By Blake Neff
An opinion piece written by a student at the University of California-Berkeley explaining her decision to leave Islam has been pulled from the school newspaper’s website over fears for the author’s safety.
The opinion piece, titled “On Leaving Islam,” recounted the personal story of the narrator (whose name we will withold) growing up a devout (though moderate) Muslim in Pakistan, but later abandoning the faith as she learned more about the world.
“If someone had told me six years ago that I would leave Islam and end up an atheist, I would never have believed him,” the author writes to open the piece. “But now, as a Muslim apostate and atheist, my journey couldn’t have led me any further from what I once knew to be true.”
According to the author, her departure from the faith was driven substantially by her inability to reconcile it with her increasingly liberal personal beliefs.
“I never accepted the male superiority and traditional gender roles that were part of my society,” she says. “For most of my teen years, I felt torn apart by my contradictory beliefs. On one hand, I was a radical feminist who supported gay rights. But on the other hand, I was a practicing Muslim whose religion was clearly homophobic and placed men above women.”
The author made several attempts to find a way to couple Islam with her personal beliefs, but ultimately it was not to be.
“After trying to understand Islam through a plurality of perspectives — orthodox, feminist, Sufi and liberal approaches — I decided to leave Islam, but by that point, I had realized that I didn’t need to look at things as black and white. I could leave Islam without dismissing it or labeling it as wrong,” the author said.
While the author’s rejection of Islam is in far less harsh terms than those used by other apostates, such as Ayaan Hirsh Ali, her willingness to state her beliefs has apparently still exposed her to a backlash. A few days after the article was posted, it was taken down and replaced by a note from Californian editor-in-chief Kimberly Veklerov that reads “This opinion blog has been retracted because of personal safety concerns.”
The precise nature of these safety concerns, and whether they arose in reaction to direct threats levied against the author, is not clear. The Daily Caller News Foundations reached out to both the author and Veklerov for further details, but only Veklerov replied and she declined to comment.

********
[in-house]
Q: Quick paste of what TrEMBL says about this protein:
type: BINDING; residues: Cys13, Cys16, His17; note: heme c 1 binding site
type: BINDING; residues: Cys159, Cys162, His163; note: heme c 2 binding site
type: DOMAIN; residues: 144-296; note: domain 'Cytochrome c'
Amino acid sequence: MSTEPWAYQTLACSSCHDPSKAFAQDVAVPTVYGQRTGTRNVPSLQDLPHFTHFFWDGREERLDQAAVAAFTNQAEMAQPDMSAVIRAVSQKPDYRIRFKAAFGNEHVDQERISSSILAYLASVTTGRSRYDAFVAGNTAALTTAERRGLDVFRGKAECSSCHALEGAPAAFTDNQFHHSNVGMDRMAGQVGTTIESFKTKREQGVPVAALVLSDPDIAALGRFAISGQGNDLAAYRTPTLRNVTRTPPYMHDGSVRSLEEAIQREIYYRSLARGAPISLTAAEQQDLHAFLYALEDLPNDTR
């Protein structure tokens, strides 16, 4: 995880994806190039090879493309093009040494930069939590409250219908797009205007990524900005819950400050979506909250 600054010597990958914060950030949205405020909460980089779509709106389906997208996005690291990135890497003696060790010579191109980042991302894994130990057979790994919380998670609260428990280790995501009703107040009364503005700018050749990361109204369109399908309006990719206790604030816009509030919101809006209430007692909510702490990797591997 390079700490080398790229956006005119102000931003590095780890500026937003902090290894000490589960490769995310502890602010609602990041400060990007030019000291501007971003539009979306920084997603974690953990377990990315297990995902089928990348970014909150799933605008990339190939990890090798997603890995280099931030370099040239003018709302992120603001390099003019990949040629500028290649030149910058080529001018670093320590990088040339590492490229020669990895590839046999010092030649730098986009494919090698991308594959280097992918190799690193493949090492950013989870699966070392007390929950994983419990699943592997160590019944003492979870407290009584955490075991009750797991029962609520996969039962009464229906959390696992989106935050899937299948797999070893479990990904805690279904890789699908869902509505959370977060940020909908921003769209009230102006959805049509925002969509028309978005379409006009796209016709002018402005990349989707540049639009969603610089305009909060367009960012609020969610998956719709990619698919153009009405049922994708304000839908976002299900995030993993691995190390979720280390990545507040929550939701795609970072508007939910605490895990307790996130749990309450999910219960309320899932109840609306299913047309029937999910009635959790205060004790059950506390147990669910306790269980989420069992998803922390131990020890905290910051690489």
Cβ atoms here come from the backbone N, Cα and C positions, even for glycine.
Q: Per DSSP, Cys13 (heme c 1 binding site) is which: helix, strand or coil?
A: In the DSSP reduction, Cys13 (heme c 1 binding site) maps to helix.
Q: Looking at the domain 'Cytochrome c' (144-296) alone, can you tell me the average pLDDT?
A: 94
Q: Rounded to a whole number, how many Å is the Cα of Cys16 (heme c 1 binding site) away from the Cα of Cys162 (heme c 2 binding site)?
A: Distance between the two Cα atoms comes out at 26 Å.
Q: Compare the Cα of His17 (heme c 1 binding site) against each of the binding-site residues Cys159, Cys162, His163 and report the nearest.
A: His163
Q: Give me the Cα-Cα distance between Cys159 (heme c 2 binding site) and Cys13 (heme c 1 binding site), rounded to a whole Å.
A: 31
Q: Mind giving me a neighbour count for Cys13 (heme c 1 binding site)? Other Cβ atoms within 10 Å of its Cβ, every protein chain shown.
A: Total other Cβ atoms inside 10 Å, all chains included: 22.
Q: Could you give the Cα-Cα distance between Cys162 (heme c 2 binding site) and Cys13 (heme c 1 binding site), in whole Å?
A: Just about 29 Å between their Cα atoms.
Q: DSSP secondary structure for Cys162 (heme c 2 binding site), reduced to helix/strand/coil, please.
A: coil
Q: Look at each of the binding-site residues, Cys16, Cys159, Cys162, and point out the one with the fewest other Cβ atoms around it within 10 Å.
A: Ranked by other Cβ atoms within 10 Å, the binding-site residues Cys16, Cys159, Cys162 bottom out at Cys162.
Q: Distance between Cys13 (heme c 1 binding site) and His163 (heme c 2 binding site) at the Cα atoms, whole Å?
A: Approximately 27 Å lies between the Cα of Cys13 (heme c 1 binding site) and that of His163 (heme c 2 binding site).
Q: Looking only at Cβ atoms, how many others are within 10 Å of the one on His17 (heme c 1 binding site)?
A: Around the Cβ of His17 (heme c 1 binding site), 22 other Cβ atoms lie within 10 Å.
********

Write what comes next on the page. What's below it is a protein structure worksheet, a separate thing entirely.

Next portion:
There is an element of irony that the author should be so imperiled by writing the article, because it has a moderate tone and offers substantial praise for the Muslim world.
“Islam is still extremely misrepresented and shrouded with stereotypes,” the author writes. “I want to address these stereotypes and portray Islam in all its diversity. I’ve experienced the religion firsthand and have also viewed it as an objective bystander… I want to share what I’ve learned about Islam over the years. I plan to defend it and give credit where it’s due — Islam, after all, gave women the right to work and own property back in the seventh century — and I also plan to ruthlessly point out areas that need reform (yes, Islam does allow men to have four wives and sex slaves).”
Intolerance of apostasy is widespread in the Islamic world. More than 20 countries treat apostasy as a crime, and several, including Saudi Arabia, Pakistan, and Iran punish it with death. A Pew survey of Islamic countries in 2012 found widespread popular support for these punishments, with several countries having a majority of Muslims endorse the death penalty for apostasy.
This isn’t the first time that viewpoints critical of Islam have struggled to be heard on campuses. Last year, ex-Muslim Ayaan Hirsi Ali had an invitation to attend Brandeis University’s commencement revoked after protests erupted over strong anti-Islam views.